The types of adjectives

Comparitive and superlative

These two forms of adjectives denote how much, to what extent. The comparative is formed by adding an-, the equivalent of the English suffix -er or the word most, to the adjective, part of which should be lenited. The superlative is formed by adding -wain, meaning -est or most in English. The suffix is not lenited.

Indefinite

The Sindarin indefinite adjective pān (plural form pain) apparently corresponds to English all and denotes an unspecified amount of something.

Demonstrative

This form of adjectives denote the proximity and plurality of something. They are:
sen/sin (this/these)
te/ti (that/those)

Numerals

These are considered adjectives since they denote the order or number of the noun they describe. They follow the nouns they describe (and are lenited).

Adjectival suffixes

It is possible to transform a noun into an adjective with adjectival suffixes, which are -eb, -ren and -ui. These endings can be used to create new adjectives, but be careful! There is no written rule on which ending to use, but it is suggested to use whichever one sounds the best on an adjective. Be sure to consult a Sindarin dictionary beforehand, however.


Lesson 9- Pronouns


Sindarin pronouns are usually placed after nouns in a sentance, though this is not always the case. This will be seen in more detail in a later lesson.

Some definitions before we begin, which are essential to this lesson;
The noun cases:
nominative- used for the subject of a sentance
possessive- used to denote to who something belongs
dative- used for the indirect object of a sentance
accusative- used for the direct object of a sentance
long dative- a dative form, with the dative prepositions an (to/for)
reflexive- this form consists of the dative prepositions an with the nominative form of a pronoun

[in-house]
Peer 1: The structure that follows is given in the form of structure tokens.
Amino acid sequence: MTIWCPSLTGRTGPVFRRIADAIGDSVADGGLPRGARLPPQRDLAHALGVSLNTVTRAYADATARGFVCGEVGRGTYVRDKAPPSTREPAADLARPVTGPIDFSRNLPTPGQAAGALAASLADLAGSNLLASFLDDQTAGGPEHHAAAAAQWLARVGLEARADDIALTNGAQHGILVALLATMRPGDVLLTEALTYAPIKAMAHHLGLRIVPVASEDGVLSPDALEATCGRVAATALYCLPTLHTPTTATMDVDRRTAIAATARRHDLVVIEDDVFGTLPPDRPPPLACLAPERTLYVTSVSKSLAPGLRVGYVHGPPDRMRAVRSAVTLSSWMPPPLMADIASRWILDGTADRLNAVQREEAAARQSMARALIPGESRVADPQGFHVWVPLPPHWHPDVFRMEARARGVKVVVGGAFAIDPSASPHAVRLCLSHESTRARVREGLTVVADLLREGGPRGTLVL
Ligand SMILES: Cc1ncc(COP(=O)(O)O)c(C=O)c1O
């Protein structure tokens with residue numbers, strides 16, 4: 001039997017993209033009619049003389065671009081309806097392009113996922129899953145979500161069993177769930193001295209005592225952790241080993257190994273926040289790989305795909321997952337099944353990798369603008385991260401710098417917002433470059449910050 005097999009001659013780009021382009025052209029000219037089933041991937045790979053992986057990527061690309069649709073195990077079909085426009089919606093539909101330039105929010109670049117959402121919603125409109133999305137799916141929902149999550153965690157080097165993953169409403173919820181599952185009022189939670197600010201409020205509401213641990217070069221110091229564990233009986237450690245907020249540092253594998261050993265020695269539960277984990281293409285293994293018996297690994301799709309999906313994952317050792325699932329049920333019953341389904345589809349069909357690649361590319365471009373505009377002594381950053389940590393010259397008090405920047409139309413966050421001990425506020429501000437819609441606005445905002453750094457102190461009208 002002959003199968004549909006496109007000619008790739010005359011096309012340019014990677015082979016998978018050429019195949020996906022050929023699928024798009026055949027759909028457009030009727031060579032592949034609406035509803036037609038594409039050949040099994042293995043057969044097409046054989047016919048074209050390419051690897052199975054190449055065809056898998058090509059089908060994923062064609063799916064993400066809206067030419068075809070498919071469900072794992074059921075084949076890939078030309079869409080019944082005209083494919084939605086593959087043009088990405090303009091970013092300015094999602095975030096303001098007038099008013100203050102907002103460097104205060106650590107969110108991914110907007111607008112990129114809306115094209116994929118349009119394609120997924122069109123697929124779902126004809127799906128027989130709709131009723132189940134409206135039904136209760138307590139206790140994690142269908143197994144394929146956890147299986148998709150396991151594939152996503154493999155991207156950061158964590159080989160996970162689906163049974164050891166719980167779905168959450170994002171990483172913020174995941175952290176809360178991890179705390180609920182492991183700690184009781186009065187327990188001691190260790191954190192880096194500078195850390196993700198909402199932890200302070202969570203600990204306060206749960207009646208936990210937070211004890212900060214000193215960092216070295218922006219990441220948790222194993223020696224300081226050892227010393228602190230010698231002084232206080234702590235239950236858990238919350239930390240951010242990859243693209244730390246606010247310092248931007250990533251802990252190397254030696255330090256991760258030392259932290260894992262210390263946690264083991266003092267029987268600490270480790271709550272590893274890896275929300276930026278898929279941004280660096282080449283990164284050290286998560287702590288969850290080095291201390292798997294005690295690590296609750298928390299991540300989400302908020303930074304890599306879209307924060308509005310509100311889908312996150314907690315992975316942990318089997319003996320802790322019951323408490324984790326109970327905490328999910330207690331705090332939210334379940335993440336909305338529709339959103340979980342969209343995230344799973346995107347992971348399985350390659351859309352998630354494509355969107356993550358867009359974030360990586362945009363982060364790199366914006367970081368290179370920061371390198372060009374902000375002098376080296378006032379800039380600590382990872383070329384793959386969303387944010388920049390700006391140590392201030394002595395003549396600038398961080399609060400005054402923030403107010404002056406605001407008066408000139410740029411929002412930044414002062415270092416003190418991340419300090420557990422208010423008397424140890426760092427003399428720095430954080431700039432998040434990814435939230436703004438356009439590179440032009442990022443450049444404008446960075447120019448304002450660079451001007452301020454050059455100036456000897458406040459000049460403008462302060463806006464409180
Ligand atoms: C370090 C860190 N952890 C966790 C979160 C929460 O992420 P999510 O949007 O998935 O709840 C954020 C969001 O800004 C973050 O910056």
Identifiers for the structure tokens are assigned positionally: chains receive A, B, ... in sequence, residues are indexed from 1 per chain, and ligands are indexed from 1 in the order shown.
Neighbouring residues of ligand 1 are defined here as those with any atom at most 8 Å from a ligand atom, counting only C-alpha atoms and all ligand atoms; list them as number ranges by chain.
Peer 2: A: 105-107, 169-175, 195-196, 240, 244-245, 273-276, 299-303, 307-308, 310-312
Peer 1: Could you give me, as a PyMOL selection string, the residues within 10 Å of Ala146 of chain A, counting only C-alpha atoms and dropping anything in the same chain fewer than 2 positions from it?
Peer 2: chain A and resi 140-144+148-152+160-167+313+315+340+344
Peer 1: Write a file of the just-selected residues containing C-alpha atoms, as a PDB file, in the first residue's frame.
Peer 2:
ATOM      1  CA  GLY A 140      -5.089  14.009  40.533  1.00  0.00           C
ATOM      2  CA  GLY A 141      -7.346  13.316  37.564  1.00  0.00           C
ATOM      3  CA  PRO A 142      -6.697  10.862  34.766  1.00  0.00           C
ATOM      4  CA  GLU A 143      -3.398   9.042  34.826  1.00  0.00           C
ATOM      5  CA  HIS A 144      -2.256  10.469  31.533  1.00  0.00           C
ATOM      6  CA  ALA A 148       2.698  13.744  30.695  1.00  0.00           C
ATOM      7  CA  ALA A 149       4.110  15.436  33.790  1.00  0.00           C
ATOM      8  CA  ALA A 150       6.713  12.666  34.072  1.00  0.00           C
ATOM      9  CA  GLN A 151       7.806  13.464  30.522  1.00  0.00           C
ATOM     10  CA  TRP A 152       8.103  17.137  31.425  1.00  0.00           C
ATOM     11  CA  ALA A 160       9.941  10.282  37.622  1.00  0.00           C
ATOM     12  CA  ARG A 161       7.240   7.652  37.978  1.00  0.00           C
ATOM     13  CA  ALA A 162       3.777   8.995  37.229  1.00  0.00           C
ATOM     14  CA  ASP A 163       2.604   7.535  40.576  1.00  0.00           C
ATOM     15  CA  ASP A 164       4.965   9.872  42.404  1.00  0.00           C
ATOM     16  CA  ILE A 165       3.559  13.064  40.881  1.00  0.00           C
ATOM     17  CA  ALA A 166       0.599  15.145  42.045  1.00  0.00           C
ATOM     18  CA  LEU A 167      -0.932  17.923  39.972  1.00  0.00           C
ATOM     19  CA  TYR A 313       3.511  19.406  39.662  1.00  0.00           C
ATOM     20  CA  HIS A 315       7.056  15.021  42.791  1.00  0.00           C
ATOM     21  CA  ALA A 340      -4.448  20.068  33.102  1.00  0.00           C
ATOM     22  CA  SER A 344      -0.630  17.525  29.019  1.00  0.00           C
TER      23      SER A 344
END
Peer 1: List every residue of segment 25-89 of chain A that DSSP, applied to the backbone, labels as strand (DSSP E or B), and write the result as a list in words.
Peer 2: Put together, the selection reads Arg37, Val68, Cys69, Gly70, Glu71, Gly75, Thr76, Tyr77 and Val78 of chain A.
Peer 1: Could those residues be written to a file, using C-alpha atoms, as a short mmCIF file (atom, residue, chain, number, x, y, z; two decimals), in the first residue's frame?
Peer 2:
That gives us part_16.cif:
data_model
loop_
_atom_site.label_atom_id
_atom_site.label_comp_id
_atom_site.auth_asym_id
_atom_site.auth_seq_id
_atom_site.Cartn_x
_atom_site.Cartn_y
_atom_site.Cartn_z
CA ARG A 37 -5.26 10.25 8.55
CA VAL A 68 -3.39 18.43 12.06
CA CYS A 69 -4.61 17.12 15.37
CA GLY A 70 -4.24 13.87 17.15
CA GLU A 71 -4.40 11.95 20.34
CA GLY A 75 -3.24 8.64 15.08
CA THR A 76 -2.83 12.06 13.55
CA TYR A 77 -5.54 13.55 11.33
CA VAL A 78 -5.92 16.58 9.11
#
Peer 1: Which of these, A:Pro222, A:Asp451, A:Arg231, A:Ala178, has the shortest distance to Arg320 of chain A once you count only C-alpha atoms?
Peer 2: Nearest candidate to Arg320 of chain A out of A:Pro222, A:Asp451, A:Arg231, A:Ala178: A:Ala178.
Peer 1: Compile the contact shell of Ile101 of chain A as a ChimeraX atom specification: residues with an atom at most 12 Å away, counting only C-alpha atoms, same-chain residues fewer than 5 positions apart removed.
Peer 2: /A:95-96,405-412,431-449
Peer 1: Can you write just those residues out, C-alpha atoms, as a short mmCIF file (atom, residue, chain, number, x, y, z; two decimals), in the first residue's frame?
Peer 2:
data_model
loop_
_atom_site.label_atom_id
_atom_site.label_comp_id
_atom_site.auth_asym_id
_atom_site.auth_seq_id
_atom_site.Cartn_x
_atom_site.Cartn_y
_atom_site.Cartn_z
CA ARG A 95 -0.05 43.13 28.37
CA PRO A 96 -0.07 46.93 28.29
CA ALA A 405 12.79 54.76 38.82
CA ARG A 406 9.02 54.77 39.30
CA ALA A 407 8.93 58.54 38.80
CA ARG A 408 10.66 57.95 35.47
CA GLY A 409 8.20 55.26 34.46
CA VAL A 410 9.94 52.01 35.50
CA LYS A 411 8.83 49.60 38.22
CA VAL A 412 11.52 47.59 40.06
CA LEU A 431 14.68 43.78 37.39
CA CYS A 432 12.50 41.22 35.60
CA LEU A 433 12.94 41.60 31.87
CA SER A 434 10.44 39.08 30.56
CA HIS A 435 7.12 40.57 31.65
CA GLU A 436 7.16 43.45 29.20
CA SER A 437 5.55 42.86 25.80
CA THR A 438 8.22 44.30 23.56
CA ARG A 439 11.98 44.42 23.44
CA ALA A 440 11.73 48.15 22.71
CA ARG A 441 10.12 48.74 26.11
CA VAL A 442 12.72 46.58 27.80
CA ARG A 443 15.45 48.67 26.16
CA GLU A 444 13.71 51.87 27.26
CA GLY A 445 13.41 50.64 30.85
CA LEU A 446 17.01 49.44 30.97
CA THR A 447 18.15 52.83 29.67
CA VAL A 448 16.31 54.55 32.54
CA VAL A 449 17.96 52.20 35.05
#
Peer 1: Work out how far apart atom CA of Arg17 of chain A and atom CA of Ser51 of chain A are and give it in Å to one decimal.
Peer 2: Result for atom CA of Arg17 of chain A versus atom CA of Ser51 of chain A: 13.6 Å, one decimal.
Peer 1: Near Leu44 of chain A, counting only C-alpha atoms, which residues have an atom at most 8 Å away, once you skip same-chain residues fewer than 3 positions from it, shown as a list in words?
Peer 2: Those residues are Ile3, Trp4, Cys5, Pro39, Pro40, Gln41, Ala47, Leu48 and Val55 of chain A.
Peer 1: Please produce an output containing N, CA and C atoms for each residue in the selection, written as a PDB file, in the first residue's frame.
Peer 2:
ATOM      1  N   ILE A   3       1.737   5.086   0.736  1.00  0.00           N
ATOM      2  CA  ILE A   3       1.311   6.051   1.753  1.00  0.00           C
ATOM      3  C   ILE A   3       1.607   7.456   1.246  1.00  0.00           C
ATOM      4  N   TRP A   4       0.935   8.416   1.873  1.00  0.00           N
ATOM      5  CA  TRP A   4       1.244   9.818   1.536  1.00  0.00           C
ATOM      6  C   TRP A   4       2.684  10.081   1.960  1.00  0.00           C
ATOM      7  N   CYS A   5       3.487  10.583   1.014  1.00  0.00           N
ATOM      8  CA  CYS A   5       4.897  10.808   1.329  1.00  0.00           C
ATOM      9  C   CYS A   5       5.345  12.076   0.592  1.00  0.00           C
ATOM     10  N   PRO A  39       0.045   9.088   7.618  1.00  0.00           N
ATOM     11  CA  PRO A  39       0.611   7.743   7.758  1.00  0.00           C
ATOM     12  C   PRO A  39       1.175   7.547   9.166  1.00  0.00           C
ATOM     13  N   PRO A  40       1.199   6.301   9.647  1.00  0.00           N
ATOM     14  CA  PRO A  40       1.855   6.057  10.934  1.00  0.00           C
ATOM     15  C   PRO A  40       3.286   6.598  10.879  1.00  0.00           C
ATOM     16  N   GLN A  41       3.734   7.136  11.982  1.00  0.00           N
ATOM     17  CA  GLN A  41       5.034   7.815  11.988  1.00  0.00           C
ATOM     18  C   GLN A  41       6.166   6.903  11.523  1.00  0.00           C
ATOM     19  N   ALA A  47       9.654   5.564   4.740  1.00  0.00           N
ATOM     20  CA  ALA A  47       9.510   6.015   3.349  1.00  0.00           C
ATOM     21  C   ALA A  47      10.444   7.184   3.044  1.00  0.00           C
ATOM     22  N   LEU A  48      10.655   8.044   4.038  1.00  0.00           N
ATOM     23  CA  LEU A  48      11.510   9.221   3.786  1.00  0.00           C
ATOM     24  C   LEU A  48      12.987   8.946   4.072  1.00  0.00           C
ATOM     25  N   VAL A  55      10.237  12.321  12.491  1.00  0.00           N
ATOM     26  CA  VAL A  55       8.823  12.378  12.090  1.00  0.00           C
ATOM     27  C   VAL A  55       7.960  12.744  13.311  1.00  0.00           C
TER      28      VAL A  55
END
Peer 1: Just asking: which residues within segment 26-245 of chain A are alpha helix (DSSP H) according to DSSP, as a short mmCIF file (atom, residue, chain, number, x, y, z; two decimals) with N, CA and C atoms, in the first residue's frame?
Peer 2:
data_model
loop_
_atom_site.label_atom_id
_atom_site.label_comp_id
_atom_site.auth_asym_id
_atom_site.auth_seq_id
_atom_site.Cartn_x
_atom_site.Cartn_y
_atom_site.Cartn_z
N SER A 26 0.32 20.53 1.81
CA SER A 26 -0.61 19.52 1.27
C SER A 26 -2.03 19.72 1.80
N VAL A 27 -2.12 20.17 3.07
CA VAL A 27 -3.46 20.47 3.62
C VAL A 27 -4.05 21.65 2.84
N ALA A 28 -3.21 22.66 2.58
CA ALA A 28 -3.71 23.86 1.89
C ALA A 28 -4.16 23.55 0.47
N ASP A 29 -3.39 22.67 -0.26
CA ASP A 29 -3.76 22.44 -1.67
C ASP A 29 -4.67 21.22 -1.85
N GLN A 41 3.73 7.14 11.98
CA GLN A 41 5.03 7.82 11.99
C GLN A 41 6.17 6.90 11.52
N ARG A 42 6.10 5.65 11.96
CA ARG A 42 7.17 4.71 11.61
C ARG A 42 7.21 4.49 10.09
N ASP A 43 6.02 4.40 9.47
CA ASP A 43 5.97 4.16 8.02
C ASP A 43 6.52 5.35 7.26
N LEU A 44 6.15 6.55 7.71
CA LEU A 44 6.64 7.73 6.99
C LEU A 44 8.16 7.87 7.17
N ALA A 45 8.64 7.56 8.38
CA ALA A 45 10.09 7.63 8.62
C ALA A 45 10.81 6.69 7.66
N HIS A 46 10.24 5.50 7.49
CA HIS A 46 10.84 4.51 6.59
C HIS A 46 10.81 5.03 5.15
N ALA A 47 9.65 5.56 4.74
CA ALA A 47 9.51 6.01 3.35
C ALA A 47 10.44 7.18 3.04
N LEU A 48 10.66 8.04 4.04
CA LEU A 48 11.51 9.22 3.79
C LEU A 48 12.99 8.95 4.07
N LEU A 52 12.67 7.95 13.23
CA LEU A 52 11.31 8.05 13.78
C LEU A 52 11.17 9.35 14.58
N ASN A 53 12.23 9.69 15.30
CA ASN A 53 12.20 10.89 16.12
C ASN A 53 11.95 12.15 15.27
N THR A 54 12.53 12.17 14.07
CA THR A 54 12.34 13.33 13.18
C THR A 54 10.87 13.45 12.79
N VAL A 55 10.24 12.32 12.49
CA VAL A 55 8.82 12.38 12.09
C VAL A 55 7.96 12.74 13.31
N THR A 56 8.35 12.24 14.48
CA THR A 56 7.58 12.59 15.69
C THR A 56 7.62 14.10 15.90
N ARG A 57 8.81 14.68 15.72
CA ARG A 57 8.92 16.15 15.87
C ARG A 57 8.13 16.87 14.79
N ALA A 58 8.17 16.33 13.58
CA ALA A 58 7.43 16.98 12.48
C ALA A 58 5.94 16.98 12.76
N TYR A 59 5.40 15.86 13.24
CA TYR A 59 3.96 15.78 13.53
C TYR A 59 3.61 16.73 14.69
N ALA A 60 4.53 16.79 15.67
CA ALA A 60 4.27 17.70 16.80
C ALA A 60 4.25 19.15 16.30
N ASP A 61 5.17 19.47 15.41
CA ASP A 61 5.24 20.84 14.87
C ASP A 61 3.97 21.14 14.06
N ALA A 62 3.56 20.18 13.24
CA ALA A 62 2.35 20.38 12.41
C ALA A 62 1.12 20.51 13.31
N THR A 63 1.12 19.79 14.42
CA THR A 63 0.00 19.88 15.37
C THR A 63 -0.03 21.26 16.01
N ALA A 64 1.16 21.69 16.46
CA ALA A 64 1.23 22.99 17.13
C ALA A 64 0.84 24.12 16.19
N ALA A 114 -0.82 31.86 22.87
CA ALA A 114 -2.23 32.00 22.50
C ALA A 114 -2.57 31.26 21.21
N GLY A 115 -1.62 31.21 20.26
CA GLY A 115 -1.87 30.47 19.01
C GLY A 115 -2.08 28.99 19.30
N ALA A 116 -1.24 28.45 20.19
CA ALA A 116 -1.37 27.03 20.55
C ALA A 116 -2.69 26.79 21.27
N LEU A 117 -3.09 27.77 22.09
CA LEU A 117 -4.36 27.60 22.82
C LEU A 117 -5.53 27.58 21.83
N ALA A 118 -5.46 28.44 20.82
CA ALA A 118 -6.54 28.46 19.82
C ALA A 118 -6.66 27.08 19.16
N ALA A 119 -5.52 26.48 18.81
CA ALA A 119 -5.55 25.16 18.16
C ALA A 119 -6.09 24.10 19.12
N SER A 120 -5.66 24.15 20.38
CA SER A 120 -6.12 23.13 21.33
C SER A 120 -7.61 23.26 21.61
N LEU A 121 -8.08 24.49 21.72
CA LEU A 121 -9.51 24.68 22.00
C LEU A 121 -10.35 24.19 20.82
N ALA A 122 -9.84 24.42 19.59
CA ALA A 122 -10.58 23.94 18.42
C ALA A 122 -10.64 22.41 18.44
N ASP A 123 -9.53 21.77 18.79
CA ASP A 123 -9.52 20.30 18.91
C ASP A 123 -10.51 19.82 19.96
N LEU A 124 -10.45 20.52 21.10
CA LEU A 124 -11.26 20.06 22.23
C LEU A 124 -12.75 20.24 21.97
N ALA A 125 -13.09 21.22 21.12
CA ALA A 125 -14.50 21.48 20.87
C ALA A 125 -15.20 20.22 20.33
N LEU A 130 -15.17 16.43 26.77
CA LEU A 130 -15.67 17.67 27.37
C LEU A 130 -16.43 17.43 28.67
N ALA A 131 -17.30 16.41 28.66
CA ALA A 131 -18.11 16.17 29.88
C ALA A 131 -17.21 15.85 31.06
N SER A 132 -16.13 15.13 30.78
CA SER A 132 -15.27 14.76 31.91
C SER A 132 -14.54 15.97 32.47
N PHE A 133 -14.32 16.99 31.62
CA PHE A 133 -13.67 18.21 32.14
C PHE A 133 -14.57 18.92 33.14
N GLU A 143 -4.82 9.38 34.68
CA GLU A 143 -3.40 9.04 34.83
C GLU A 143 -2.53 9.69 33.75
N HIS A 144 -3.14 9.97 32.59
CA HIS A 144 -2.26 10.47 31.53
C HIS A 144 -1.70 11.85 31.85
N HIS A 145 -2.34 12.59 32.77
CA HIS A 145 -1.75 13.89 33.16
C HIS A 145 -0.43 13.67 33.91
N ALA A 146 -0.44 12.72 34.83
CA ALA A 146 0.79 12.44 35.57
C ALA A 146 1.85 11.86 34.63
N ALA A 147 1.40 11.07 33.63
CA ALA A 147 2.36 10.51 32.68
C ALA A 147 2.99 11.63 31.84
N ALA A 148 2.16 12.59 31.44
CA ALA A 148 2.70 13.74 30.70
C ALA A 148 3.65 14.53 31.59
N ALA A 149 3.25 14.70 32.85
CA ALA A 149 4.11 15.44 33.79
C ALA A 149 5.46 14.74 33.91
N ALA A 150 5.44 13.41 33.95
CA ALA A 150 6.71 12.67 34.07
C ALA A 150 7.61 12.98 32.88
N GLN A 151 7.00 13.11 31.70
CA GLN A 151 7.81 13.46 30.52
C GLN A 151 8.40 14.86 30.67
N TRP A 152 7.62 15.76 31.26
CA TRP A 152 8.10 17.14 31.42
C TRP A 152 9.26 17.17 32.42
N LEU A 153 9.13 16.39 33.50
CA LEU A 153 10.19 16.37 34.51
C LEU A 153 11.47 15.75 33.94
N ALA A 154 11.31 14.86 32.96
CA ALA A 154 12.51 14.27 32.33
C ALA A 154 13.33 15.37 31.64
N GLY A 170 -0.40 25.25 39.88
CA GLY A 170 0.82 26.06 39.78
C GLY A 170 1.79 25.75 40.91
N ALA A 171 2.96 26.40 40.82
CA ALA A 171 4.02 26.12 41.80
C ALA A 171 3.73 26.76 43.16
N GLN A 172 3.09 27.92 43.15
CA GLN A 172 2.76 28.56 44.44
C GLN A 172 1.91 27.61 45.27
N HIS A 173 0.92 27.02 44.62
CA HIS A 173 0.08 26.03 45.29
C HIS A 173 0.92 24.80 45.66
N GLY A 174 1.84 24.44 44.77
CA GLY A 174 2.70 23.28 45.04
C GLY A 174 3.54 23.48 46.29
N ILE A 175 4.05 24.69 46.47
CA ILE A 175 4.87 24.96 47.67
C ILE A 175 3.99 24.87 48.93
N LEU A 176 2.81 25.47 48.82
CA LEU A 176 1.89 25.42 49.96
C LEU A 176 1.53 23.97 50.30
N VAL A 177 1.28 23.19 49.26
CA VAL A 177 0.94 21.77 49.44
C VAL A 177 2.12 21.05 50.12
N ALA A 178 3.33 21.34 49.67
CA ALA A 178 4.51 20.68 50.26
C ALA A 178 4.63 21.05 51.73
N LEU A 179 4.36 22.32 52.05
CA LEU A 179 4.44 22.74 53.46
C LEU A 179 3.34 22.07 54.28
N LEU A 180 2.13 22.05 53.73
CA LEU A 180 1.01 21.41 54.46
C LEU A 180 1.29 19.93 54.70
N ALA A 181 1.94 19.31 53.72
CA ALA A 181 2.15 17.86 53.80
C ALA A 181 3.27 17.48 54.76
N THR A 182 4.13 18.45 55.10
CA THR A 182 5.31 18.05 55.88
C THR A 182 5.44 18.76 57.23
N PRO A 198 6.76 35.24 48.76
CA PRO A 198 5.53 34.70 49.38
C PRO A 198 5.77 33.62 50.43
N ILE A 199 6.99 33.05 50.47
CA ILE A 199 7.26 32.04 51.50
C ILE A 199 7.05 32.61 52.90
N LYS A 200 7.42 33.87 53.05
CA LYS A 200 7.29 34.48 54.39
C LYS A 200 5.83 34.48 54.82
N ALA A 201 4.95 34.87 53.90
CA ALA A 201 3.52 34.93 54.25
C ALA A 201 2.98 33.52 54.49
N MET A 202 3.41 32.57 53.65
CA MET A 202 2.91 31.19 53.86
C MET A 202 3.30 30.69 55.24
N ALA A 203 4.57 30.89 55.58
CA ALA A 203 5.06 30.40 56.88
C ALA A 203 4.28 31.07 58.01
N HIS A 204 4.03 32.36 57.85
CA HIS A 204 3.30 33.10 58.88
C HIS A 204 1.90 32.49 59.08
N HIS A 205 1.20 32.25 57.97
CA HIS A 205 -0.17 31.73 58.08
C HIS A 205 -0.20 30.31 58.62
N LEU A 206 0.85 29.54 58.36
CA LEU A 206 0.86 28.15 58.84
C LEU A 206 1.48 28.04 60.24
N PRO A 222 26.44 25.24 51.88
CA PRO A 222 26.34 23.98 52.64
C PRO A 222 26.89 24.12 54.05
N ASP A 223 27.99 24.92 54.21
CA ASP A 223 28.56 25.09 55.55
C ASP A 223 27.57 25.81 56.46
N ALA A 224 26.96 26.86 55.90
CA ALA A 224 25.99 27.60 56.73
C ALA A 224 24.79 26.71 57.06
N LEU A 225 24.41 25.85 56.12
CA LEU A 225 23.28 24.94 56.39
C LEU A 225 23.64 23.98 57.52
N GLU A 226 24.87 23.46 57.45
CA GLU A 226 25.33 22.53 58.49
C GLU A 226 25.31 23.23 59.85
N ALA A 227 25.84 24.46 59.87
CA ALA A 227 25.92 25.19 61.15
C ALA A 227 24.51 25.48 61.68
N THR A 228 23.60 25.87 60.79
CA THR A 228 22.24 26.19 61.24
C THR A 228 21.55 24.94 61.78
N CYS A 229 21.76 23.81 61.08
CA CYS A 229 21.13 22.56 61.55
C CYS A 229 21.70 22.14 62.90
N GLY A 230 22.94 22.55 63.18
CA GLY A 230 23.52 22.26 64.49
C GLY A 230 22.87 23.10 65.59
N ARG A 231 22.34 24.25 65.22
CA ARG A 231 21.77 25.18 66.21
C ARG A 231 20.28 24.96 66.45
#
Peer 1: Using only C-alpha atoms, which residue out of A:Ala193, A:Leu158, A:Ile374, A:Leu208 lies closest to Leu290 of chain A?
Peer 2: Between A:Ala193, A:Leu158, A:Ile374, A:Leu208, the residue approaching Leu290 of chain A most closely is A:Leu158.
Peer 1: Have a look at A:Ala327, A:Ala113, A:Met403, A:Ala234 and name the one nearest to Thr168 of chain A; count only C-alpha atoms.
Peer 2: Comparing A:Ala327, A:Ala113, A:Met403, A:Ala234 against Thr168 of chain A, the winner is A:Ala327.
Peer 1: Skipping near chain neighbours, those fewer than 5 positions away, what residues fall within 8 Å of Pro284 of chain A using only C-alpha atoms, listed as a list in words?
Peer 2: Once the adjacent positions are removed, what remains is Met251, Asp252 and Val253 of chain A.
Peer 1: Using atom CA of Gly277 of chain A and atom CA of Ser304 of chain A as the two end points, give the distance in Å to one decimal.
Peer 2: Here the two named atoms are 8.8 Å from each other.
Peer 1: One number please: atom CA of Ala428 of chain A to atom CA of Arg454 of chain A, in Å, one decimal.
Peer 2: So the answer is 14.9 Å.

Note: there are other forms of pronouns, not seen here, such as reverential and formal pronouns, reverential being used when respect is to be given. Formal is for, of course, more formal circumstances. This may be hard to stomach all at once, but there will be more on these in the last lesson. Also, it is important to note that Sindarin has no seperate masculine and feminine pronouns.

Interogative adverbs and pronouns

There are relative pronouns (used to relate two clauses, or parts of sentances):
ias- where
ir- when
ian- who, what
ianen- how
and interrogative pronouns (used for asking a question):
mas- where
mar- when
man- who, what
manen- how

Independant pronouns
These stand by themselves in a sentence, without being attached to either a verb or a noun. These are occasionaly seen in Sindarin, mostly when using the third person.

Pronouns appended to verbs

Nominative suffix form are pronouns appended to the end of verbs, considered the "normal" way to use pronouns in Sindarin. They are the following:

singular plural
1st -n (I) -m (we)
2nd f -ch (you) -ch (you)
2nd r -l (you) -l (you)
3rd none -r (they)

Pronouns appended to nouns

Pronouns are also added to the end of nouns. Certain endings cause certain changes in the word:

-m and n double before endings that have a consonant cluster of mb or nd at the end. These endings are from primitive Elvish and can be looked up on the Dragonflame dictionary.
-an e is inserted before the pronominal ending, except if the noun ends in a vowel.

For the possessive pronominal endings, except for -en (my), see the chart in pronouns appended to verbs above.

General reflexive pronouns

This type of pronoun only has meaning when put in a sentance and can mean his, her, their, its, your. It refers to the subject of the sentance. This pronoun is īn (translating to his/her/their/its/your own).

Relative pronouns

This pronoun is used to relate different parts of a sentance. It is substatuted in the second part of the sentance for a thing (or person) mentioned in the first, so it can mean, for example, who or that (The person that did this. The woman who told us). The relative pronoun is i, with the plural form in. Don't confuse it with the definite article (the), the context will determine which is being used.

on mutation: as far as we can tell, singular relative pronouns don't mutate, but plurals seem to suffer a nasal mutation.